RISCA On the Road! A Tour of the Ocean State’s Cultural Facilities and Public Art Sites

On August 7th RISCA escorted budget analysts from the House and Senate Fiscal Staff and the State Office of Management and Budget on a tour of cultural facilities and public art sites throughout the State of Rhode Island.

This was an opportunity to provide direct “off-the-page and in-the-field” experience about state investment in cultural facilities and public art to our colleagues in the House, Senate and State Budget Office.  It was a full day of traveling to a variety of sites.

RISCA’s amazing Public Art Manager, Elizabeth Keithline, organized the day’s tour. Here’s where we went:

9:00 am – Cultural Facilities project at the Common Fence Improvement Association, 933 Anthony Road, Portsmouth

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Senator James Seveney (left) joins members of the Common Fence Point Community Center project in Portsmouth

10:00 am – Public art projects at the Veterans Home, 480 Metacom Ave, Bristol 

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Artist Allison Newsome describes her work “The Eagle Has Landed” at the Rhode Island Veterans Home in Bristol
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Artist Deborah Baronas with one of her installations at the Rhode Island Veterans Home in Bristol

11:30 am – Cultural Facilities projects at the RI Philharmonic, 667 Waterman Ave, E Providence

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Rhode Island Philharmonic Orchestra and Music School Executive Director David Beauchesne conducts a tour of the Carter Center for Music Education in East Providence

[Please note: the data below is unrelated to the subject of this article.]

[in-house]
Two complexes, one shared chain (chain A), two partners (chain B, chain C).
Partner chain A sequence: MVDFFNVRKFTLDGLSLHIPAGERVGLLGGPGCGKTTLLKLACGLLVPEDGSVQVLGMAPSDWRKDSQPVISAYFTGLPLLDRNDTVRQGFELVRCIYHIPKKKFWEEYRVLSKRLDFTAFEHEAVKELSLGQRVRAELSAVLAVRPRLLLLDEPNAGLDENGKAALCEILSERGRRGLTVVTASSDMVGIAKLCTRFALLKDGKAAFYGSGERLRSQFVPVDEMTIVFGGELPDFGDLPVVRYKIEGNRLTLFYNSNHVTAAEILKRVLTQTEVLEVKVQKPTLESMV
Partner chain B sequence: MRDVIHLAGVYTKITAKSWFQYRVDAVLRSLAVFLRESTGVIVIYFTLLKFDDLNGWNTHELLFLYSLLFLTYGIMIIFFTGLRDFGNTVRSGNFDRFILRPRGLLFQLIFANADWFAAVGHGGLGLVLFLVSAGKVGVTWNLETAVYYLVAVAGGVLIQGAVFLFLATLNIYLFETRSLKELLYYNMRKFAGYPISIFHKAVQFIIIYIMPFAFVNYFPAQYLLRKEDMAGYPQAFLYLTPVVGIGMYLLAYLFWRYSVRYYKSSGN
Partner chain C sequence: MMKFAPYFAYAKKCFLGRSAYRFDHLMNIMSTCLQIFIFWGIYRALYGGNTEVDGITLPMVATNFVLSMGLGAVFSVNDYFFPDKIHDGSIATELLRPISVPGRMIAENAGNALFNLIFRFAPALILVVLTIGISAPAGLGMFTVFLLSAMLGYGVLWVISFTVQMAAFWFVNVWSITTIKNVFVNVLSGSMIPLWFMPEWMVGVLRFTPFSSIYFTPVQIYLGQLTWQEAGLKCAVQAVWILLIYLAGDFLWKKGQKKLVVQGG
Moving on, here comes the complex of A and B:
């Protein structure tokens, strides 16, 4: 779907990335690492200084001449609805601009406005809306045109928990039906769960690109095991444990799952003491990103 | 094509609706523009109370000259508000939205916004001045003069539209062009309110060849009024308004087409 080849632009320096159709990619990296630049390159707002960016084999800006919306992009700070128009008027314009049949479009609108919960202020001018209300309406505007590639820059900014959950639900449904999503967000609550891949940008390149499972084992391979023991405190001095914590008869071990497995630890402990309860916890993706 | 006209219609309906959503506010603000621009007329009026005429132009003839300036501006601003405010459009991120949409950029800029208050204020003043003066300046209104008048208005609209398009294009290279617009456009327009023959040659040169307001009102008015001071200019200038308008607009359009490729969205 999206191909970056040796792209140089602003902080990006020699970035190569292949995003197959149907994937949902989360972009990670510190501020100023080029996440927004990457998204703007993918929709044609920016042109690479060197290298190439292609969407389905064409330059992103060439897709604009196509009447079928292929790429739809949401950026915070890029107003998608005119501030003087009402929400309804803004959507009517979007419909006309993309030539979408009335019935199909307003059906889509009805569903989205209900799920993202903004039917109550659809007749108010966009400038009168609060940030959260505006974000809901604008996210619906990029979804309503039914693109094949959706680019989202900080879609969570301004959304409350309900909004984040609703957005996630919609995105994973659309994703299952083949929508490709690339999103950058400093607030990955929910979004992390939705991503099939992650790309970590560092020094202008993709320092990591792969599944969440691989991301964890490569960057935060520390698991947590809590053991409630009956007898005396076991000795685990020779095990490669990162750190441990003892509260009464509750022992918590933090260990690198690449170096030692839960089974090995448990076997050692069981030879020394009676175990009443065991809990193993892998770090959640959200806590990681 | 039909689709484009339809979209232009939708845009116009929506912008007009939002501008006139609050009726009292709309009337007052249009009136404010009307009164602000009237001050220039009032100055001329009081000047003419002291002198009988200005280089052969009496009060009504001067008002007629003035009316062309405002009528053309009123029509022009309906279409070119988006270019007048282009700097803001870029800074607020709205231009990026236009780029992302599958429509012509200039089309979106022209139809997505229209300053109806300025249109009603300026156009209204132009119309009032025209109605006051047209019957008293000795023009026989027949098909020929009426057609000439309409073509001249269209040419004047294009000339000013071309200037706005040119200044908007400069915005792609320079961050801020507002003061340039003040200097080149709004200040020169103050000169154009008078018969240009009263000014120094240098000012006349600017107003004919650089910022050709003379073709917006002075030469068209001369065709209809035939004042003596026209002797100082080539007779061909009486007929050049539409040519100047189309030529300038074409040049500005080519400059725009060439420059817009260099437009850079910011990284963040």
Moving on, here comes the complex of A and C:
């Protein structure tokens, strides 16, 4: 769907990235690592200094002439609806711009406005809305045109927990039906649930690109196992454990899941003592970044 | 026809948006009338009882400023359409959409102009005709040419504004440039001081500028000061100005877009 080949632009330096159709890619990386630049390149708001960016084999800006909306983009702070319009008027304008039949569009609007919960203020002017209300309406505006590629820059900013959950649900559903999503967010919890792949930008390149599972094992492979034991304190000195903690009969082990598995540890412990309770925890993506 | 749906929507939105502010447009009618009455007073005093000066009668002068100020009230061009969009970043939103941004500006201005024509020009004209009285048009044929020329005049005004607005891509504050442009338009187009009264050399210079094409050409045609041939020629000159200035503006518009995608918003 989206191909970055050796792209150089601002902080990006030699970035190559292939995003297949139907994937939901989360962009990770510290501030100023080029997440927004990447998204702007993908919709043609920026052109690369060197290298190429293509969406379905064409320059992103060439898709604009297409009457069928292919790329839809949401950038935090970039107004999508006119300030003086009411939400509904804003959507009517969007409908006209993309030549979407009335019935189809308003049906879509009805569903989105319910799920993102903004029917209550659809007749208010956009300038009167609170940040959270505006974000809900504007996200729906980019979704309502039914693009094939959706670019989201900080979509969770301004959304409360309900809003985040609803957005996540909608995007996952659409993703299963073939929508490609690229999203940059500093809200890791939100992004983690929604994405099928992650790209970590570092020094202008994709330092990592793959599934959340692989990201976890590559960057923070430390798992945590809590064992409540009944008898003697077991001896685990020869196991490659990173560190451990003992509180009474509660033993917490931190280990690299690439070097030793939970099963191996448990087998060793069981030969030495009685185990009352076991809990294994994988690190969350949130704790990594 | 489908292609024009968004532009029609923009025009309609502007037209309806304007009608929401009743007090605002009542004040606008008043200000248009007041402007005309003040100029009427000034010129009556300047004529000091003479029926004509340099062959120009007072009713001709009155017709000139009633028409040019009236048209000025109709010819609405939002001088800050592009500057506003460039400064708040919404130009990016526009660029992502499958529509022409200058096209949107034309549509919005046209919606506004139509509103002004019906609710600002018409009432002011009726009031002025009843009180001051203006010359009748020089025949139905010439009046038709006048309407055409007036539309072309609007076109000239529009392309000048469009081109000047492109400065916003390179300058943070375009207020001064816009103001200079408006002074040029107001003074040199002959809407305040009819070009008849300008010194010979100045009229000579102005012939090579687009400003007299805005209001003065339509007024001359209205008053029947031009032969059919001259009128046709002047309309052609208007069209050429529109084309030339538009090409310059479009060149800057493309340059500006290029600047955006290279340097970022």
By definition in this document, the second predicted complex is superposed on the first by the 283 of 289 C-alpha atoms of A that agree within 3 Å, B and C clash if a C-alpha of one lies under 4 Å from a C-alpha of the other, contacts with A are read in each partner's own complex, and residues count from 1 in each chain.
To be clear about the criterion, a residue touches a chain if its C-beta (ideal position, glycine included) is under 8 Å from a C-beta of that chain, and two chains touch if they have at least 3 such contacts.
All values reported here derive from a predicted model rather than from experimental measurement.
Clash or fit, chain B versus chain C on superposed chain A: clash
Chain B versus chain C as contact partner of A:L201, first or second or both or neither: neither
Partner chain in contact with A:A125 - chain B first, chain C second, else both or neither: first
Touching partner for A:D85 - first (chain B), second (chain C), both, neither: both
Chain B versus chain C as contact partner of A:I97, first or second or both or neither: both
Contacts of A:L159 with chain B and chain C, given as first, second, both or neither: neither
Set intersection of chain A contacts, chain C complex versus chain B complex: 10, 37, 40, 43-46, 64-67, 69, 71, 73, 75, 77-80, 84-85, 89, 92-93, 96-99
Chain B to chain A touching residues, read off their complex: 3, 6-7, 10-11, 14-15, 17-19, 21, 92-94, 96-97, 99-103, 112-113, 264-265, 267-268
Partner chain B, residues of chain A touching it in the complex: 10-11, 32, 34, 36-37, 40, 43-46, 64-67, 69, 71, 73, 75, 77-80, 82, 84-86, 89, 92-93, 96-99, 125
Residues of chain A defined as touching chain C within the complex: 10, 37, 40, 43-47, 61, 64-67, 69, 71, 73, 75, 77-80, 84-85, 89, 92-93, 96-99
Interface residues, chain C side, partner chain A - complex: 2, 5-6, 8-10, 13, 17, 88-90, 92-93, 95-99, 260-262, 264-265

1:00 pm – Public art projects at RI College, 600 Mt. Pleasant Ave, Providence

Rhode-Island-College-with-work-at-Alex-and-Ani-Hall
RISCA’s Public Art Manager Elizabeth Keithline shares information on public art on the Rhode Island College campus with participants in the tour

2:30 pm – Cultural facilities projects at the Greenwich Odeum, 59 Main St, E Greenwich

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Senator Bridget Valverde (center) and her children visit the Greenwich Odeum in East Greenwich

4:00 pm – Public art projects at URI, 45 Upper College Rd, Kingston

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Visiting a large bronze sculptural work by Rhode Island artist Peter Diepenbrock in front of Lippitt Hall on the University of Rhode Island campus
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An installation at URI’s Beaupre Center for Chemical, Forensic Sciences by artist Erwin Redl
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Participants in the day-long tour included (from left to right) Timothy Donahue, House Fiscal staff; Randall Rosenbaum, RISCA Executive Director; Elizabeth Keithline, RISCA Public Art Manager; Kelly Carpenter, Senate Fiscal staff; and Loren Spears, RISCA Council Member.

2020 Fellowship Announcement

RISCA is pleased to announce the first 14 RISCA Fellows and Merit Fellows of 2020! At the April 1st cycle, we award fellowships in: Three Dimensional Art; Crafts; Fiction; Film & Video; Photography; Play & Screenwriting; and Poetry.

Fellowships are unrestricted awards that encourage the creative development of artists by enabling them to set aside time to pursue their work and achieve specific creative and career goals. One $5,000 fellowship and one $1,000 merit are awarded in each of 13 disciplines each year. Fellowship and Merit awards are based solely on artistic merit, and are highly competitive. Awards are selected through an anonymous panel review of submitted work samples. You can see some of the pieces recipients in Three Dimensional Art, Crafts, and Photography submitted here.